In his 59 years, Pat Croce has learned Japanese, flown helicopters, put together motorcycles, become a fourth-degree black belt and won national tournaments, opened six bar-restaurants in Key West, established pirate and history museums in St. Augustine, Fla., and most recently gone scuba diving through pirate ship wrecks.
As the man who once ran the NBA show in Philadelphia says, "I'm pretty good at reinventing myself."
Oh, and then there's this: After the Philly native expanded his Sports Physical Therapists center to 40 locations in 11 states while treating ex-76ers Charles Barkley, Julius Erving and Moses Malone, he became the 76ers president in 1996. He drafted Allen Iverson with the first overall pick, and five years later, the Sixers were in the Finals against the Los Angeles Lakers.
Croce, who now earns $40,000 per speaking engagement to tell his entrepreneurial story, was in attendance at Iverson's retirement ceremony earlier this month at the Wells Fargo Center. Speaking with Bleacher Report recently, Croce shared some intimate behind-the-scenes moments from Iverson's playing days—including a critical meeting with former coach Larry Brown that changed the tune for the team—as well as thoughts on the NBA's future and his current exploits since leaving the league in 2001.
JZ: What was it like to be there celebrating Iverson's career?
PC: That was pretty cool. I got to escort him out at halftime. It was great to be courtside standing next to Doc (Erving) and to watch his jersey lifted to the ceiling. The last time we did it was during my tenure when we lifted Charles Barkley's, and I was there when we lifted Doc's. All of them I trained. You kidding me? Moses (Malone) and Doc and Aaron McKie. I got back "The Round Mound of Rebound" (Barkley) down to 250 pounds. That's when he looked great and won the rebounding title in 1987. But it was great to be able to see (Iverson's jersey) go up and know that here's this guy we picked with a first-round draft pick when all the naysayers said, "He's too small. He's going to get too hurt. He's a thug." It was just great to see this guy's dream come true. He is the best little man in the NBA.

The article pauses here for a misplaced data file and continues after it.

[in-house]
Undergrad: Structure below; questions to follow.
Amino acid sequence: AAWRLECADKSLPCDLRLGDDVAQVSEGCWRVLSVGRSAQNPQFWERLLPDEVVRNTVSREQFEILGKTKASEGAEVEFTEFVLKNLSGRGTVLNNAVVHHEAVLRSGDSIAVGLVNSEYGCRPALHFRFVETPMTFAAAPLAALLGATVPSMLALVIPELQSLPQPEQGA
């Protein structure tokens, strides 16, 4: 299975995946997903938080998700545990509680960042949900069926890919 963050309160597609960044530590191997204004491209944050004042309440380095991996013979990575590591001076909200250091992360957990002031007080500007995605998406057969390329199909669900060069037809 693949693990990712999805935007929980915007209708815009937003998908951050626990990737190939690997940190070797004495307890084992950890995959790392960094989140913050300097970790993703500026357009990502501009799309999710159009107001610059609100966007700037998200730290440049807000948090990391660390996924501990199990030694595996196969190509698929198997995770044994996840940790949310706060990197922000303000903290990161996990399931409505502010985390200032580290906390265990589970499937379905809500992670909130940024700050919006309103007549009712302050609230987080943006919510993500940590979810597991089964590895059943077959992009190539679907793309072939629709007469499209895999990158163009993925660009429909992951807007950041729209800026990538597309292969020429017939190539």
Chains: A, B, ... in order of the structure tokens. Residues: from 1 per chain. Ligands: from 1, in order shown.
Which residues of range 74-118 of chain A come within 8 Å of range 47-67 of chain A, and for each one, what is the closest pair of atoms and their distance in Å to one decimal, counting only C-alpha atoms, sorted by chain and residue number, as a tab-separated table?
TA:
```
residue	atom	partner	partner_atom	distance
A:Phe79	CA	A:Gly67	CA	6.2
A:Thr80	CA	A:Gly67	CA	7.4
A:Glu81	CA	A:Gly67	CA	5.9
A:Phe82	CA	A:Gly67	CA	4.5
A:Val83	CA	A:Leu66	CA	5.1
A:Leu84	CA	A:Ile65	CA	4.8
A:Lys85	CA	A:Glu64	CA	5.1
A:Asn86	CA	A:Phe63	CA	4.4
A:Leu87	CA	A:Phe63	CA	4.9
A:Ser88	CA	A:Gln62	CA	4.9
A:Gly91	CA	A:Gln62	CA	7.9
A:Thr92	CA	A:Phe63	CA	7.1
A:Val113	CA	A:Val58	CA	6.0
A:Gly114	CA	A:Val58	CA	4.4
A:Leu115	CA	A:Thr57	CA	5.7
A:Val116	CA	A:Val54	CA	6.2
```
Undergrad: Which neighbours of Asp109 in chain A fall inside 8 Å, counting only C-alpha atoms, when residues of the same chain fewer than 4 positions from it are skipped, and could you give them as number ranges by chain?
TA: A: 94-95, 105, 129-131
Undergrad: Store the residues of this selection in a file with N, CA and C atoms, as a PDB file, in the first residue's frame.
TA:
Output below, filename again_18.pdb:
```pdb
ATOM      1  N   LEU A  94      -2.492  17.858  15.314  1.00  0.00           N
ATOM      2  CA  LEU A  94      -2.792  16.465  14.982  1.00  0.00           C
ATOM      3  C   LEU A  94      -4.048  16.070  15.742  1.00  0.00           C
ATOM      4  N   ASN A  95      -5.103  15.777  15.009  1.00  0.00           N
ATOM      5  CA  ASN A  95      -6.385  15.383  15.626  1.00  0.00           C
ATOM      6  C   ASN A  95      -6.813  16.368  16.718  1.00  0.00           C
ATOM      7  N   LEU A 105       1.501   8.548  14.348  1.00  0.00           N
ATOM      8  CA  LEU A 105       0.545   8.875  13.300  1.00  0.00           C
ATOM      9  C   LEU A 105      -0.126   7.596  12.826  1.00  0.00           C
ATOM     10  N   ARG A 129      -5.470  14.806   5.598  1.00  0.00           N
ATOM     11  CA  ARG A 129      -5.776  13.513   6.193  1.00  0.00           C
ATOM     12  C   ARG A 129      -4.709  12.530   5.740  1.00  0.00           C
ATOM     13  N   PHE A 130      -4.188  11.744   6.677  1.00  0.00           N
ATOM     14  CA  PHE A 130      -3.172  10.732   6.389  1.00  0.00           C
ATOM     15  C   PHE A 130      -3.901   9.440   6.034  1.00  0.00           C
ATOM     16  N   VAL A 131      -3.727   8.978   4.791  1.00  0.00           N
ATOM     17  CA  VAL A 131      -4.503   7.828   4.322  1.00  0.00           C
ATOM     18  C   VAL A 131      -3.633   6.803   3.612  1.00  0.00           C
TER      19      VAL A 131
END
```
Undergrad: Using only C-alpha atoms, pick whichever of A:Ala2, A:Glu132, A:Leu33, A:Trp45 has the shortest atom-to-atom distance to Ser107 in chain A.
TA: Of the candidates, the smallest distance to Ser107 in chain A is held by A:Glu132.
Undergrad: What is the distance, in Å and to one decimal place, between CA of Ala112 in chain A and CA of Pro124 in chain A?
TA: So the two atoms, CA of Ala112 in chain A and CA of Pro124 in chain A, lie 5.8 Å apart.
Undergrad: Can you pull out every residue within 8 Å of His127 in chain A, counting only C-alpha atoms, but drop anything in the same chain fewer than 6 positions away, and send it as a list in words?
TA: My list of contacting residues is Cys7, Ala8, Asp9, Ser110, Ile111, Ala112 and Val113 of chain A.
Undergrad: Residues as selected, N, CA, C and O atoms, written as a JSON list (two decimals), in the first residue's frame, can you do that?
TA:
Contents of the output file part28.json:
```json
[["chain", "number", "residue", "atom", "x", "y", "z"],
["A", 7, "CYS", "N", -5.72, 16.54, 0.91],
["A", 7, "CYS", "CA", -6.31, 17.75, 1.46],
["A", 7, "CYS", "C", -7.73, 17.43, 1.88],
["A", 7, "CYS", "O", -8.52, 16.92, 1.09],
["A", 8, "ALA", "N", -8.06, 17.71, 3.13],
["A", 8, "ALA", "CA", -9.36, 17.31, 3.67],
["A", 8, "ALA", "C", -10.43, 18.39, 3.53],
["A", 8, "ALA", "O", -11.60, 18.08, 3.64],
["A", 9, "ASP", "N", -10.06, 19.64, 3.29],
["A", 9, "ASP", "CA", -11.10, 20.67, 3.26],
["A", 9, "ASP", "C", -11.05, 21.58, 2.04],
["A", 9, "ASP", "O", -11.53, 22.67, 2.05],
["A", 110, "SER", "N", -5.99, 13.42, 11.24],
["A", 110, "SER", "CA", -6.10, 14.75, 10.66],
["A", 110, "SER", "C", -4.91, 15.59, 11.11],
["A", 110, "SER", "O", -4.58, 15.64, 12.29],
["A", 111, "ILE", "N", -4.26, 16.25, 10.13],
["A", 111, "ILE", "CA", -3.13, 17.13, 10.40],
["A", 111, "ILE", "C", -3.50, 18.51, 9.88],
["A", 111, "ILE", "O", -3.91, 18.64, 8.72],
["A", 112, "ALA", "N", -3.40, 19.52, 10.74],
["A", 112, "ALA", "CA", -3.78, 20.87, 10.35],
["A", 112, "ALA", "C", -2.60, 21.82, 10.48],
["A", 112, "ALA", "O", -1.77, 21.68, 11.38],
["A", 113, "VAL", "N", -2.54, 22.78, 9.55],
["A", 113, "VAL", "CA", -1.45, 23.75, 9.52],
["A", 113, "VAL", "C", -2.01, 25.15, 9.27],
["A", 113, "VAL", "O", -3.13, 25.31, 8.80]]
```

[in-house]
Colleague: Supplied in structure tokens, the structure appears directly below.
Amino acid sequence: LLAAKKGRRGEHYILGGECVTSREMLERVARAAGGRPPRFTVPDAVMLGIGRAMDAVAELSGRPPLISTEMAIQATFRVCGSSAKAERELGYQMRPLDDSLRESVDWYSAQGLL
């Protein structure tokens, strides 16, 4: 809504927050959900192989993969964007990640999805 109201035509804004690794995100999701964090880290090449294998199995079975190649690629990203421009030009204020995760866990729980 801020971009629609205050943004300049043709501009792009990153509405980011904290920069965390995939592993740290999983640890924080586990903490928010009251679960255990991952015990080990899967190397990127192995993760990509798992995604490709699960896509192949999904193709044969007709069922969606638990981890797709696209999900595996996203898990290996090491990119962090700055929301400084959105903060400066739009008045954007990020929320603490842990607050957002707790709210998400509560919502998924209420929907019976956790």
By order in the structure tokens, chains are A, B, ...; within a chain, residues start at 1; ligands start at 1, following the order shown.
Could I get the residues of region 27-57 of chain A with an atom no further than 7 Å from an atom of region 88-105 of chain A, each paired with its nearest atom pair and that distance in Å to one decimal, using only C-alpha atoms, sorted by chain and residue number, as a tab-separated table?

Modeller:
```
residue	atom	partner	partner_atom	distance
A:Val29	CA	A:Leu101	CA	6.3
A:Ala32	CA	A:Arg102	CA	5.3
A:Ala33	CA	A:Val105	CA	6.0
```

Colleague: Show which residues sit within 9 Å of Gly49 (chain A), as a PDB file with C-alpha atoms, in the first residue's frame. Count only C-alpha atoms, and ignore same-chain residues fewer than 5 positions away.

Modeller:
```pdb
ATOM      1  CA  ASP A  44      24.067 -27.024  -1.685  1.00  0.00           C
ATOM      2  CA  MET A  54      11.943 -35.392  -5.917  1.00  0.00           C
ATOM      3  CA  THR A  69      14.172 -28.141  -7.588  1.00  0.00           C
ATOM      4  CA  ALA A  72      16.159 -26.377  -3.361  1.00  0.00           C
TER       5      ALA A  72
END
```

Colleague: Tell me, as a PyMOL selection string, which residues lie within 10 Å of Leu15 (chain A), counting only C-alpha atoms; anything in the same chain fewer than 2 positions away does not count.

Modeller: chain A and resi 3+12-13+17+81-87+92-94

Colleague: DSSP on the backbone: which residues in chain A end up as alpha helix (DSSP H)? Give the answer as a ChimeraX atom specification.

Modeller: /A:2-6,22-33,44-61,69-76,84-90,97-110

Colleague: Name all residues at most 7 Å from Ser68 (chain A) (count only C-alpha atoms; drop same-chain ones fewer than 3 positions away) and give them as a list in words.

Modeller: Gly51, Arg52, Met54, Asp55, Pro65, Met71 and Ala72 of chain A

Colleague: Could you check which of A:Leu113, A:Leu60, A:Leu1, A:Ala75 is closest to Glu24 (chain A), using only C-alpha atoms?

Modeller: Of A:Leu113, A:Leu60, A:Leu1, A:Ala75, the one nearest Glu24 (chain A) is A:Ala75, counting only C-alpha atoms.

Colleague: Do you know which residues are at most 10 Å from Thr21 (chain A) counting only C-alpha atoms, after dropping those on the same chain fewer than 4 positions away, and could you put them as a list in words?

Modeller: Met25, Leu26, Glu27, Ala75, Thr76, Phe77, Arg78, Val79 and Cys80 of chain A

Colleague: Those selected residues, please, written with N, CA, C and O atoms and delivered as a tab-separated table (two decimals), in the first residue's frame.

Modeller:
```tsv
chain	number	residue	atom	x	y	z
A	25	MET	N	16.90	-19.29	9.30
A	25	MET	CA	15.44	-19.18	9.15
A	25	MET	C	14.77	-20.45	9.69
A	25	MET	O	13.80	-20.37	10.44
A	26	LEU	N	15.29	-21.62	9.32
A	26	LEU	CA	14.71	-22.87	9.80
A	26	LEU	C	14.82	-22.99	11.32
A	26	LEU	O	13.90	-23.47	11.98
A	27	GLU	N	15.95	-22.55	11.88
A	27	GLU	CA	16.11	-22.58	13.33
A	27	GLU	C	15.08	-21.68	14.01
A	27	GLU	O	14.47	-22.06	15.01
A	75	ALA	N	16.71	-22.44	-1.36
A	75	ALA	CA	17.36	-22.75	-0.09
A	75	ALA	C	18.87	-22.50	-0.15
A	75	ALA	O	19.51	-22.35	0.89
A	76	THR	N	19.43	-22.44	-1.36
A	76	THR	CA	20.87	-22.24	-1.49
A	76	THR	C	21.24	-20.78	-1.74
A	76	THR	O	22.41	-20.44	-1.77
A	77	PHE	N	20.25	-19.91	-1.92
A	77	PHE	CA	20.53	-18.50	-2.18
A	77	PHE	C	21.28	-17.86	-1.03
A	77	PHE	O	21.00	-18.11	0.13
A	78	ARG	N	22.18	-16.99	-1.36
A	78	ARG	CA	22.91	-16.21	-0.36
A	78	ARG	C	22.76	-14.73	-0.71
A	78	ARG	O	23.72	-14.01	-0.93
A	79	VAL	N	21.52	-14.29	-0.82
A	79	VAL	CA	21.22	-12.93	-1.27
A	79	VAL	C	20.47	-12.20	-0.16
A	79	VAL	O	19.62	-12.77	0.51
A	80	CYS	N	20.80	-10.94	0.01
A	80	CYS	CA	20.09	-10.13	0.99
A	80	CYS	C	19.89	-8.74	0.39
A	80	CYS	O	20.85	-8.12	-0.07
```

JZ: To me, he redefined the isolation, clear-out situation with his streetball moves and scoring abilities. And he was only a point guard. Nowadays, many of them get assistance from the pick-and-roll, but he loved and thrived being on his own island on the court.
PC: And he would take a beating because of it. I mean, he took a f--kin' beating. You would see him on the ground, and that's why people also loved him, because he was on the ground so much. He was only 6'0", 165 pounds, and it was just him against all these monsters in the paint, and he played basketball with a quarterback mentality.
JZ: What's your favorite memory of him?
PC: The first one that comes to mind is him stepping over Tyronn Lue in the first game of the (2001) Finals against the Lakers. I mean, when he sunk that shot and right in front of the Lakers' bench stepped over Tyronn Lue, I remember I stood up and pointed to (actress) Sharon Stone, who was down at the other end, and said, "Yeeeaaah!" And I had all my family around me and buddies, and we're in the middle of a sea of Lakers—it was great. They were giving me s--t the whole game.
JZ: How about off the court?
PC: So much for five years. I mean, he could do impersonations that were hilarious. When he was on a roll, he would just do all kinds of things. He would imitate whoever was popular at the time. He's artistic with drawing. I mean, he's a very talented person. Watching him, I'll tell you, with this thug mentality and the cornrows and the tattoos and the baggy pants and the non-tie-wearing conformity, he was in a children's hospital during Christmas time and you watch him light up. I mean, it was great. He had a little red hat, along with Dikembe (Mutombo), and you watch him light up and make kids happy and smile. That's where God gave him a gift.
JZ: Are you connected to the NBA in any way? Still a fan?
PC: I'm still a fan. It was great to see Adam Silver (at the ceremony) because I've always liked Adam Silver. I loved David Stern. Being a marketing guy myself, someone who knows how to take a brand and blow it up—I helped create the sports medicine brand, I helped resurrect the Sixers brand and now I own the pirate brand—I know about branding, and David Stern was a wizard. Adam, I got to meet him my first day (with the Sixers). He gave me a tour of the NBA Entertainment studios when I was (in New Jersey) for the draft lottery when I won it, and to this day, we've become close friends. And to see him as NBA commissioner, man, I'd give him a big old hug.
JZ: Anything about the NBA you're interested to see how it will evolve or change under Silver's watch?